Climate Change: Mitigation, Adaptation or Geo-Engineering?
This is an exciting and thought-provoking challenge, exploring technological and societal challenges, and environmental impacts and implications associated with global climate change.
You will have the opportunity to hear from a range of external experts, including climate change scientists and world-leading academics. Within this challenge, you will work with students from other disciplines in small groups to come up with your own student-led project, which is both creative and scientific, addressing an area of climate change. This could include, but is not limited to, raising education and awareness of climate change, making an impact on climate change locally, or looking at what can be done on a global level to minimise the negative effects of climate change.
Speakers for 2018 are yet to be confirmed!
In 2017, we welcomed Intergovernmental Panel on Climate Change authors, who were involved in two events as part of Grand Challenges. The first was a networking lunch, giving students the opportunity to interact with and ask questions to these world leading climate scientists. The second was an evening public event, where members of the public and an expert panel discussed the 1.5 degree target with climate scientists. Students also attended talks by Leo Hickman (Director of Carbon Brief) and experts from the University and the Met Office.
A wide range of other exciting experts have been involved in previous years. See the full list of previous experts for more details.
Each group was set a unique challenge such as creating a video to ‘debunk’ climate change myths and trying to make it go viral, or deciding how $100 billion could best be spent to tackle climate change. One group was tasked with creating an app to engage and educate primary school children on climate change. As part of this, the students visited Bickleigh Primary School to carry out market research, and pitched their final ideas to the school children towards the end of the week. Some students also worked with local organisation Exeter City Futures, who are aiming to make Exeter energy independent by 2025, and they came up with ideas that could support this aim.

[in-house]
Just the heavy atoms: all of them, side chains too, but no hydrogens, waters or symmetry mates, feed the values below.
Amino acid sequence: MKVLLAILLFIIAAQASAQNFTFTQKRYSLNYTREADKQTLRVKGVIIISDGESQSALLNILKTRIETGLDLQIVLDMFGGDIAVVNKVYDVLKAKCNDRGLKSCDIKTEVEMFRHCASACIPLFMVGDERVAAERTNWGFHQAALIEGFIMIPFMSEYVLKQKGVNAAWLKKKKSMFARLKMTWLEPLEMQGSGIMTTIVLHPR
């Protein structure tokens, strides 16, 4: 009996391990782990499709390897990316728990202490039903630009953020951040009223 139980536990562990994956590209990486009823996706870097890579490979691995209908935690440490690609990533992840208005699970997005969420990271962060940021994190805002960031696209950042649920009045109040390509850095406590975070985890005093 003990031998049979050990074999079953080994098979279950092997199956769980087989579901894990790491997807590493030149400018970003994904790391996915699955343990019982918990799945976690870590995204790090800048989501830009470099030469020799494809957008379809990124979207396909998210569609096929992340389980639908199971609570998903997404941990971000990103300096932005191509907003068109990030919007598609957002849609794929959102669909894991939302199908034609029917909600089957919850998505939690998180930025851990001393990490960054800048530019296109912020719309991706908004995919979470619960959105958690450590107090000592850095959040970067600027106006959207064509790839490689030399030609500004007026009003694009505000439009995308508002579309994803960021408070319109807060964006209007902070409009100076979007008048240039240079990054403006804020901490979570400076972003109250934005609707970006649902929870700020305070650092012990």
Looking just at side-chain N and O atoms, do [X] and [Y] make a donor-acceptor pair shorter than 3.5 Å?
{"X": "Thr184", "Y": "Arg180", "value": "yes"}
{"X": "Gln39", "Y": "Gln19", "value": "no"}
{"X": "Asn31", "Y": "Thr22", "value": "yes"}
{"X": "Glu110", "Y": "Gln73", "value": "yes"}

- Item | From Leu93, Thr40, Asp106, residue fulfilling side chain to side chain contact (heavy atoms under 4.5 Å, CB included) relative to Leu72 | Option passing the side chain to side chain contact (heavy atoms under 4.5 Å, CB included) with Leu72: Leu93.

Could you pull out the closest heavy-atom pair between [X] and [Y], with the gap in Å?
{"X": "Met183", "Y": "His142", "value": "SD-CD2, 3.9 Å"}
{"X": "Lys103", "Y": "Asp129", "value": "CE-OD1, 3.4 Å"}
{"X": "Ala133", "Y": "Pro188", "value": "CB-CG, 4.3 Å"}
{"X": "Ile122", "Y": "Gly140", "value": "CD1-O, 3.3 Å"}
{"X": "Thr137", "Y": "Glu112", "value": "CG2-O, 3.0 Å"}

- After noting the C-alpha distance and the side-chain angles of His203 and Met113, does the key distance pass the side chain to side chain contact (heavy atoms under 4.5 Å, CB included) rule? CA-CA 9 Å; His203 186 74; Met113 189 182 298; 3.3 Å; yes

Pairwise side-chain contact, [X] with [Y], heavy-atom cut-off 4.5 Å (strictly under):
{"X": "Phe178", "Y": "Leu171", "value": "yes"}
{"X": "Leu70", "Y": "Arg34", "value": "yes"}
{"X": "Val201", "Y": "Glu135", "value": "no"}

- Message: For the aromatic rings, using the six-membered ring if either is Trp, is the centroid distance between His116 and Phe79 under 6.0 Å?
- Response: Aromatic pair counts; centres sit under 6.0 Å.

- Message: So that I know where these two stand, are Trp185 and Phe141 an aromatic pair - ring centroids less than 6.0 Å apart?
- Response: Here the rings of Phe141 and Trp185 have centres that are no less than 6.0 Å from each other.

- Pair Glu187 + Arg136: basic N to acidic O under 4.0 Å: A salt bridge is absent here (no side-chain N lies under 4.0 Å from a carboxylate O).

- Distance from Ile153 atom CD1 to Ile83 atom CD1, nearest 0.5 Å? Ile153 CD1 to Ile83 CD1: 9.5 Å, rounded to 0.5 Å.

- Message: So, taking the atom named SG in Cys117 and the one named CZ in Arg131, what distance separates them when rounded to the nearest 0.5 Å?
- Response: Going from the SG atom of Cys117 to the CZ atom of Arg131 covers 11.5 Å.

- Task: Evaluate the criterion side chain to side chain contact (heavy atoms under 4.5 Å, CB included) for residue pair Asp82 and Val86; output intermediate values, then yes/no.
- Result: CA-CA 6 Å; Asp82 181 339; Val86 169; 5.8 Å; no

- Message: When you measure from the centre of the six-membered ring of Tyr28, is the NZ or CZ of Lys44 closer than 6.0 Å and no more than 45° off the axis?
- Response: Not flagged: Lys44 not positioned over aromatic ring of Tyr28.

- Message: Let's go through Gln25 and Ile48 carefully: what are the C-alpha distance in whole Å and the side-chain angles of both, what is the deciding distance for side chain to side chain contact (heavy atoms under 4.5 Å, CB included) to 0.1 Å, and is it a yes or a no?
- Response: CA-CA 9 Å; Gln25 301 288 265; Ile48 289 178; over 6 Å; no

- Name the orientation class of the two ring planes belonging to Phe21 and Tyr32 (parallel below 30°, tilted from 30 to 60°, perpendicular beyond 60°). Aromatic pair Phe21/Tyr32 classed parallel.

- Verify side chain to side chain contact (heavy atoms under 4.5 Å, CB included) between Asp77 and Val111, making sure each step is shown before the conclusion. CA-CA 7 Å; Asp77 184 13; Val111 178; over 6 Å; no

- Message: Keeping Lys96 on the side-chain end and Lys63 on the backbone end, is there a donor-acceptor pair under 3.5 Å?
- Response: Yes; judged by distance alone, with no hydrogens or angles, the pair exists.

Students took inspiration from these talks when working on their group projects. They created outputs as part of their projects, and these included videos, posters and app prototypes. On Friday morning, they presented their work to an expert panel and other students on their Challenge. They then showcased it later in the day at an exhibition in the Forum, which was attended by students from all Challenges, University staff and members of the general public.
The timetable for the 2017 Challenge shows how the week was structured.
Click on each of the images below to see the outputs that the students on the 2017 Challenge produced.
Climate App: Ecoding
Students in this group carried out market research with primary school children, and as part of this designed a climate change board game to engage them in the topic. They then created a prototype for an app to educate the children about climate change. In the app, the children are immersed in their own virtual world, which is effected by their real life behaviours. The child ticks off environmentally friendly tasks that they have carried out in the last week, and doing these lowers the in game CO2 concentration and decreases the rise of the sea levels. Completing tasks also unlocks mini games and rewards the child with points that they can use to upgrade their virtual world.
Climate App: Earthlings